That mandate forced Chuck to stretch the definition of “news” to its breaking point. A small group of people at a strip mall getting their “Hunks of North Fort Myers” calendar signed by the hunks? News! A sixteen-year-old with preternatural hair-styling skills? Definitely news!
Three months after Ahrens’s story ran, Chuck had so soured on being a mojo that he left newspapers altogether and never returned. As he puts it, he had become “Gannett’s ill-fated bridge to the future of newspapers,” and he found the task soul-crushing.
When not out in the field, I spent an increasing amount of time in conversation with colleagues about the future of what we did. As the “ink-stained wretches” on the front lines of journalism, we had a different perspective than the executives in corporate suites and even the editors giving us marching orders. But that didn’t mean we had answers, either. Those of us on the Courier-Journal’s state desk wondered what might happen to our positions if the paper started veering sharply toward prioritization of local (or even hyperlocal) news.
Sure enough, in early 2005, I started hearing rumblings about a newsroom shake-up at the Courier-Journal. I had no idea if the rumors of change had any factual basis, but I tried to brush them aside by reminding myself that the Hazard bureau meant a lot to the paper. And though slashed print runs had made it next to impossible to buy a copy of the Courier-Journal anywhere in Eastern Kentucky, that was what the Internet was for.While I should have been focusing on the rise of the dubious Internet pharmacies flooding Eastern Kentucky with prescription pills, I was instead chasing dubious clickbait.
Season five of HBO’s The Wire, whose story arc borrowed heavily from show creator David Simon’s real-life experiences as a crime reporter at The Baltimore Sun, captured the zeitgeist of what newspaper journalists were experiencing in the early 2000s. In one scene, the top editor of the Baltimore paper summons everyone into the newsroom for an important announcement. “It’s a bad time for newspapers. As you all know,” the editor begins. “The news hole is shrinking as advertising dollars continue to decline. Our circulation numbers are also down as we compete with a variety of media. Technology is driving distribution. And the Internet is a free source of news and opinions. Seeking a balance in this new world, we’re now faced with hard choices.”
The editor goes on to announce an upcoming round of buyouts as well as the demise of the fictionalized Sun’s foreign bureaus in Beijing, Moscow, Jerusalem, Johannesburg, and London, closures that happened at the real Sun between 2005 and 2008. The briefing ends with words heard at one time or another, and usually more than once, in newsrooms across America.
“We’re going to have to find ways to do more with less,” the editor says.
As the occupant of the closest thing that the Courier-Journal had to a foreign bureau, I wasn’t privy to the newsroom chatter in Louisville, nor could I try to curry favor with editors by obsequiously dropping by their offices to talk sports or whatever else they were into.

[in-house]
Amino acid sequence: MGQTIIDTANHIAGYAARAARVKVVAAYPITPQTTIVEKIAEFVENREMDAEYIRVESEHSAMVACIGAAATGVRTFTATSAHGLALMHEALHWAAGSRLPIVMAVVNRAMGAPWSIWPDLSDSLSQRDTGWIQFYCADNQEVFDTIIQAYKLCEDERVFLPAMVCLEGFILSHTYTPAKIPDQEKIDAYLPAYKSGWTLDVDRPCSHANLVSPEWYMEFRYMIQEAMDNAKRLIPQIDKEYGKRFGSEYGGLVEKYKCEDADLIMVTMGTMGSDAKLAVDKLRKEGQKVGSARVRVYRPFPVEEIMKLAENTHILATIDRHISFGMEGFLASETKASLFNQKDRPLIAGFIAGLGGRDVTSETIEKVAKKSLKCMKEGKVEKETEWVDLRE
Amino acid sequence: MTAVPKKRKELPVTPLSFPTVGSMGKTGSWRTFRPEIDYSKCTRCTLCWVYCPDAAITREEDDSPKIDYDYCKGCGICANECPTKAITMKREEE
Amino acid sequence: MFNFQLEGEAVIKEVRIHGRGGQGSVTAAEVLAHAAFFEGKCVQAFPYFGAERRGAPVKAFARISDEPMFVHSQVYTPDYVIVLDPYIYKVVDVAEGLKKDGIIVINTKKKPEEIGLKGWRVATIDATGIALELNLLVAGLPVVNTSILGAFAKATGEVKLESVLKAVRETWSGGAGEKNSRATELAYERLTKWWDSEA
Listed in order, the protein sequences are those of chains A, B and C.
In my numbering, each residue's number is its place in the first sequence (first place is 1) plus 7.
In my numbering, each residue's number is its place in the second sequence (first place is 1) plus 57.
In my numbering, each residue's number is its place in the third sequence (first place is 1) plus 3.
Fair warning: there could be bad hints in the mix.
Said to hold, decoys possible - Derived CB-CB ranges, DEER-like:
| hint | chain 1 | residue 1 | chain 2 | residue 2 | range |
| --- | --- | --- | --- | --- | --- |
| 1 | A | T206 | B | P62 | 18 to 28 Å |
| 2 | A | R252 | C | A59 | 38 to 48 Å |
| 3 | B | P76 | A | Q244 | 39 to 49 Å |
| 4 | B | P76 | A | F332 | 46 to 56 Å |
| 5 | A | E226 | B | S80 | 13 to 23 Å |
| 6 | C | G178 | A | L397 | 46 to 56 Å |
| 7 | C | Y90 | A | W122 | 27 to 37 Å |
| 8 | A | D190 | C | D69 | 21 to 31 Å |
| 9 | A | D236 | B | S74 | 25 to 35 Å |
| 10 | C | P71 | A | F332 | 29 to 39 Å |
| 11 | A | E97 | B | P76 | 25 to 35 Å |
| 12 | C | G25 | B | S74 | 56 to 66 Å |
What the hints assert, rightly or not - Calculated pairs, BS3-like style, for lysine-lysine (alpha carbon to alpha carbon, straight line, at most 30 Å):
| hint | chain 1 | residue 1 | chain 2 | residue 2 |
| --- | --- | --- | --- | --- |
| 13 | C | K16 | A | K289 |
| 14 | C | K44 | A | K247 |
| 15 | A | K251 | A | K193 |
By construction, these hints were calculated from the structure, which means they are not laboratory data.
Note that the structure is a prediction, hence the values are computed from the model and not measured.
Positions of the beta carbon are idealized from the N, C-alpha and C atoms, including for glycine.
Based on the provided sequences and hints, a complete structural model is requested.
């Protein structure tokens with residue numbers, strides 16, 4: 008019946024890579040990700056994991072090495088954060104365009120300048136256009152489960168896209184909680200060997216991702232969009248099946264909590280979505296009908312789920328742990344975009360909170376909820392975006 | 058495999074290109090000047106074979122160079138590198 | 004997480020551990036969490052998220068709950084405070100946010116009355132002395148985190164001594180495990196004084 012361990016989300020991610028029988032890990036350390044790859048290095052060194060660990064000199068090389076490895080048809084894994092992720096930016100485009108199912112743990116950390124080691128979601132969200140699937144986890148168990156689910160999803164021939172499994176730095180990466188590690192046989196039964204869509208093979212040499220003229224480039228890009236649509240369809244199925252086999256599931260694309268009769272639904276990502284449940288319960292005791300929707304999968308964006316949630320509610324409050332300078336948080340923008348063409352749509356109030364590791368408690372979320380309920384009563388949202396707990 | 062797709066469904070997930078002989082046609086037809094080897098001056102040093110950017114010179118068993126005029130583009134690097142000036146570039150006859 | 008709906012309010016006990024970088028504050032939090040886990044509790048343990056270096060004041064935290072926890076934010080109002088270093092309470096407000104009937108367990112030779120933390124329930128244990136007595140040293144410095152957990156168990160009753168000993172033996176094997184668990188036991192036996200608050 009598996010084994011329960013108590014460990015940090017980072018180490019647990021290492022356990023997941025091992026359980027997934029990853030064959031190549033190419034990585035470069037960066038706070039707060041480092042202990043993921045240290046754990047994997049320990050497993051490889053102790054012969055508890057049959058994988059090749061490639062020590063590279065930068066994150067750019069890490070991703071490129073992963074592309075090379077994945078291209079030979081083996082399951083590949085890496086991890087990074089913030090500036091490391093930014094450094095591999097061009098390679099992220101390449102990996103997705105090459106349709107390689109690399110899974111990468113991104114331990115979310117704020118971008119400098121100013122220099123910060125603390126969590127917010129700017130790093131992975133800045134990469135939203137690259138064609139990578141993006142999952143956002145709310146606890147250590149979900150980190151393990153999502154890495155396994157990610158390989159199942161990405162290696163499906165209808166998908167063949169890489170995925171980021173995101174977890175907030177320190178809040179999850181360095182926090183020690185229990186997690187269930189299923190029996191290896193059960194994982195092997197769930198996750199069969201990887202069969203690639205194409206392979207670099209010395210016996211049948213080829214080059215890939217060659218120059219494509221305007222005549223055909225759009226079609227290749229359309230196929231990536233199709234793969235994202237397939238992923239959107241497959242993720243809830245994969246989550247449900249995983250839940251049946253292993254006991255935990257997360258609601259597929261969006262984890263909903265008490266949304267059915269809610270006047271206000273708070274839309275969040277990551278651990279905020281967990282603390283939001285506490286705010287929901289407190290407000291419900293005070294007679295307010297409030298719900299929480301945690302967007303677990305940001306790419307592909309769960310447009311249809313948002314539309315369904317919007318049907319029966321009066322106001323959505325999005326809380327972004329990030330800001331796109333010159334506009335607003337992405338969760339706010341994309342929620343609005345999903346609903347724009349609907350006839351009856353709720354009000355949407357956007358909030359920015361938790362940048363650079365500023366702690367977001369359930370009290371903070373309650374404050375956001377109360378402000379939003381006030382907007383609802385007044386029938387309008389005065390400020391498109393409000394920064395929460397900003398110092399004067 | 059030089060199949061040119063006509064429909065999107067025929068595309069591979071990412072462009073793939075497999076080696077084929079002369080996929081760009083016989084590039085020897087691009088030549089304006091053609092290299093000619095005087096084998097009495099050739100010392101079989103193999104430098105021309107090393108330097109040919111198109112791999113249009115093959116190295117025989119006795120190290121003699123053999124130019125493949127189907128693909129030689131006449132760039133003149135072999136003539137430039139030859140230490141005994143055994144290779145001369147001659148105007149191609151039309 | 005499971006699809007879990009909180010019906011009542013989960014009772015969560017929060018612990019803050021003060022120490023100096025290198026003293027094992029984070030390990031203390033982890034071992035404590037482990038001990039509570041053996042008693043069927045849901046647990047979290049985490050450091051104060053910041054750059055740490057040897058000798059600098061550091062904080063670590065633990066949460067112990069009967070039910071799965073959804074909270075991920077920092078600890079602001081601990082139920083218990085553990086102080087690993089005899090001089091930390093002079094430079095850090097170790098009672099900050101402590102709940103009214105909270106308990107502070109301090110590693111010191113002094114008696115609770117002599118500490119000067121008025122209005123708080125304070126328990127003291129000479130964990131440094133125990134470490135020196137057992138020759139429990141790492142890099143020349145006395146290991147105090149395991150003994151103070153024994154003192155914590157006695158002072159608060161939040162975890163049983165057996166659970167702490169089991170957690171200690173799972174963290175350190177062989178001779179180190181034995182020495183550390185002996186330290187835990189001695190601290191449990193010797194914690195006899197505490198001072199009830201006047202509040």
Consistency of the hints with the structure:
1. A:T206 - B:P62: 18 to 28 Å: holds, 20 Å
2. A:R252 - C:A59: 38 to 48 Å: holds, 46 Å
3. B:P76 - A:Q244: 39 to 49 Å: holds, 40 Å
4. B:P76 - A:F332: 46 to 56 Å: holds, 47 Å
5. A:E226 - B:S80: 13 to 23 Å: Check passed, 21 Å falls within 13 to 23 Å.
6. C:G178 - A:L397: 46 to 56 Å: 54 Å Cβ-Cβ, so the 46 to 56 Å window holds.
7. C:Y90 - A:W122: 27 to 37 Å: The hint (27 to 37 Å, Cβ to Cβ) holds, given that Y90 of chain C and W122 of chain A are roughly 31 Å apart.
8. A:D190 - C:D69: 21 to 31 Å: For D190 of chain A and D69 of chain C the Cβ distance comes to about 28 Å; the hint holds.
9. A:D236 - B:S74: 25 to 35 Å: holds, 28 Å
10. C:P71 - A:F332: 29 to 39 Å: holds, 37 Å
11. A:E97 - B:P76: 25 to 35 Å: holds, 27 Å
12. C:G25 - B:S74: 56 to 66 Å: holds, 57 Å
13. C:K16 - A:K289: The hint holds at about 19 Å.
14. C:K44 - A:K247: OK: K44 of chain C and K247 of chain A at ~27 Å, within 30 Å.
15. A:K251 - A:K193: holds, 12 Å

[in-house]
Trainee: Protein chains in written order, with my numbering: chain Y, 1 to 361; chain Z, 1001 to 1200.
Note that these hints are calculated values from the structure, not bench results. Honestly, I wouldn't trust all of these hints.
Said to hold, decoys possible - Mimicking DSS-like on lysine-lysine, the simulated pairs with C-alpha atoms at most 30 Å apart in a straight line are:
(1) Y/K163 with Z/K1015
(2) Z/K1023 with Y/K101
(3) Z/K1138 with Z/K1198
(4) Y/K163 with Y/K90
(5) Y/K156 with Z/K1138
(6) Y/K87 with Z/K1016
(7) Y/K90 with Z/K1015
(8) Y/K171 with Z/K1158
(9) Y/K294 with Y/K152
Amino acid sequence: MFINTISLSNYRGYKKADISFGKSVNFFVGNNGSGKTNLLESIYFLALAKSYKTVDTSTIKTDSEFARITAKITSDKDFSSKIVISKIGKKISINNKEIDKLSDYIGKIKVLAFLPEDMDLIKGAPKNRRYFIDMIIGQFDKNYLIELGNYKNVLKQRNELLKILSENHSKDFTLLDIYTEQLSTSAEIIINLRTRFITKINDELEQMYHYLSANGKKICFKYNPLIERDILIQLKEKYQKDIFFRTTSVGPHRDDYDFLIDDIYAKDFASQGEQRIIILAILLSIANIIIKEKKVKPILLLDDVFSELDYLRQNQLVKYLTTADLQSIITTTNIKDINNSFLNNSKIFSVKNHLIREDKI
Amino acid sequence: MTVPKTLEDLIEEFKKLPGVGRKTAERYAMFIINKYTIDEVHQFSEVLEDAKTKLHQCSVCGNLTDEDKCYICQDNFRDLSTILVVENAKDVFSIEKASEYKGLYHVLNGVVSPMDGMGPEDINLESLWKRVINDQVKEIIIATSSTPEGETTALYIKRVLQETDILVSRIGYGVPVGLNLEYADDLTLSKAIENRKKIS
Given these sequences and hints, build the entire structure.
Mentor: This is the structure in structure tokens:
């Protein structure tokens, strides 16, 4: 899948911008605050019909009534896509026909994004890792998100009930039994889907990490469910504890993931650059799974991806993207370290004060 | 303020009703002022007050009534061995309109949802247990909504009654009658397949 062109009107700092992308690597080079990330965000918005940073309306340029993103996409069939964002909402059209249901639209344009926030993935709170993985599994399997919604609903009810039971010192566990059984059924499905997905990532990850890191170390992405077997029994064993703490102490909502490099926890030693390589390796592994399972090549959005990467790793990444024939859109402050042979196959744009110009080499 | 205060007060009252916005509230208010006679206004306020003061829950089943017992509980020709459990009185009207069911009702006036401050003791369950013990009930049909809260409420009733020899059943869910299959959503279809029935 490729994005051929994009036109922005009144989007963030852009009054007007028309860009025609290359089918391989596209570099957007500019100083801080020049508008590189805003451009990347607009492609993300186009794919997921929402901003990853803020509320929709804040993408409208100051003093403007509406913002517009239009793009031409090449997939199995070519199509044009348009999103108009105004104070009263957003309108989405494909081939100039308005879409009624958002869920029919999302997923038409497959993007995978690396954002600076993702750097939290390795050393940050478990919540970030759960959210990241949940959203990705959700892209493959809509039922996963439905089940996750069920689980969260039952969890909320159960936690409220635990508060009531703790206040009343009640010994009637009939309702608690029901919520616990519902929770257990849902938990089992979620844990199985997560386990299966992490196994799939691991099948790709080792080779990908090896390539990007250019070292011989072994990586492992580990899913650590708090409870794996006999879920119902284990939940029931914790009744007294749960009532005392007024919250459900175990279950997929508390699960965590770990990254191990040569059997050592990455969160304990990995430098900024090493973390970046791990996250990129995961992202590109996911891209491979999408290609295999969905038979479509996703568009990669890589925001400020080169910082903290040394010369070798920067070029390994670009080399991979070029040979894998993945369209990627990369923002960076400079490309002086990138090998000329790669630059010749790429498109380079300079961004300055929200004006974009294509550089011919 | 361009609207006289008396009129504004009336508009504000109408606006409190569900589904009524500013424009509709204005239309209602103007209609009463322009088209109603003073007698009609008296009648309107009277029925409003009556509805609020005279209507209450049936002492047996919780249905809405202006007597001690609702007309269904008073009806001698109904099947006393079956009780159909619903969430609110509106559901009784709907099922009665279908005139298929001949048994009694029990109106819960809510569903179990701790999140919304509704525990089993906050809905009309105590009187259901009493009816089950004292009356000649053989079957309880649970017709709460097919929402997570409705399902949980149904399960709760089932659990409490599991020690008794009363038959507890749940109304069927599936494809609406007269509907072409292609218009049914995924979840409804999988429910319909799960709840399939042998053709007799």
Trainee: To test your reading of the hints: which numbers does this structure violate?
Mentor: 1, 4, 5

Eager to please, I set out to give my editors what I thought they wanted. Along with the usual fare of hard news articles, I was going to seek out stories that make people talk, and more importantly in the Internet age, make people click. In an attempt to steer readers to websites, Gannett had started religiously tallying “page views” and compiling lists of the “most viewed” stories of the day, week, and month. This metric gave the company a direct line to readers, at least the ones consuming the online version of the paper. The articles that received the most clicks were the ones that busted out nationally and “went viral,” a term that, along with “clickbait,” wouldn’t get coined until years later.
While I should have been focusing on the rise of the dubious Internet pharmacies flooding Eastern Kentucky with prescription pills, I was instead chasing dubious clickbait. And it was a particularly inopportune time for the nation’s journalistic priorities to be anything besides serious news coverage. I remember sitting in the downtown Hazard home we rented after the birth of our daughter watching live video of the levees breaking down in New Orleans. What happened during Hurricane Katrina was a quintessential American tragedy caused by a combination of poor preparation and inadequate response, the same brand of neglect that had menaced Appalachian Kentucky for so many years.
In mid-December 2005, the Courier-Journal announced that it would be shutting down all of its state bureaus except for the capitol bureau in Frankfort early the following year. I got the news by phone while working on a story about efforts to make Kentucky the first state in the nation to require drug tests for coal miners.
Coverage of Eastern Kentucky was no longer considered local enough for the Louisville paper. The Courier-Journal, like many other big city papers across the country, had made a strategic decision to retrench from covering the entire state and to post local news items online as frequently as possible.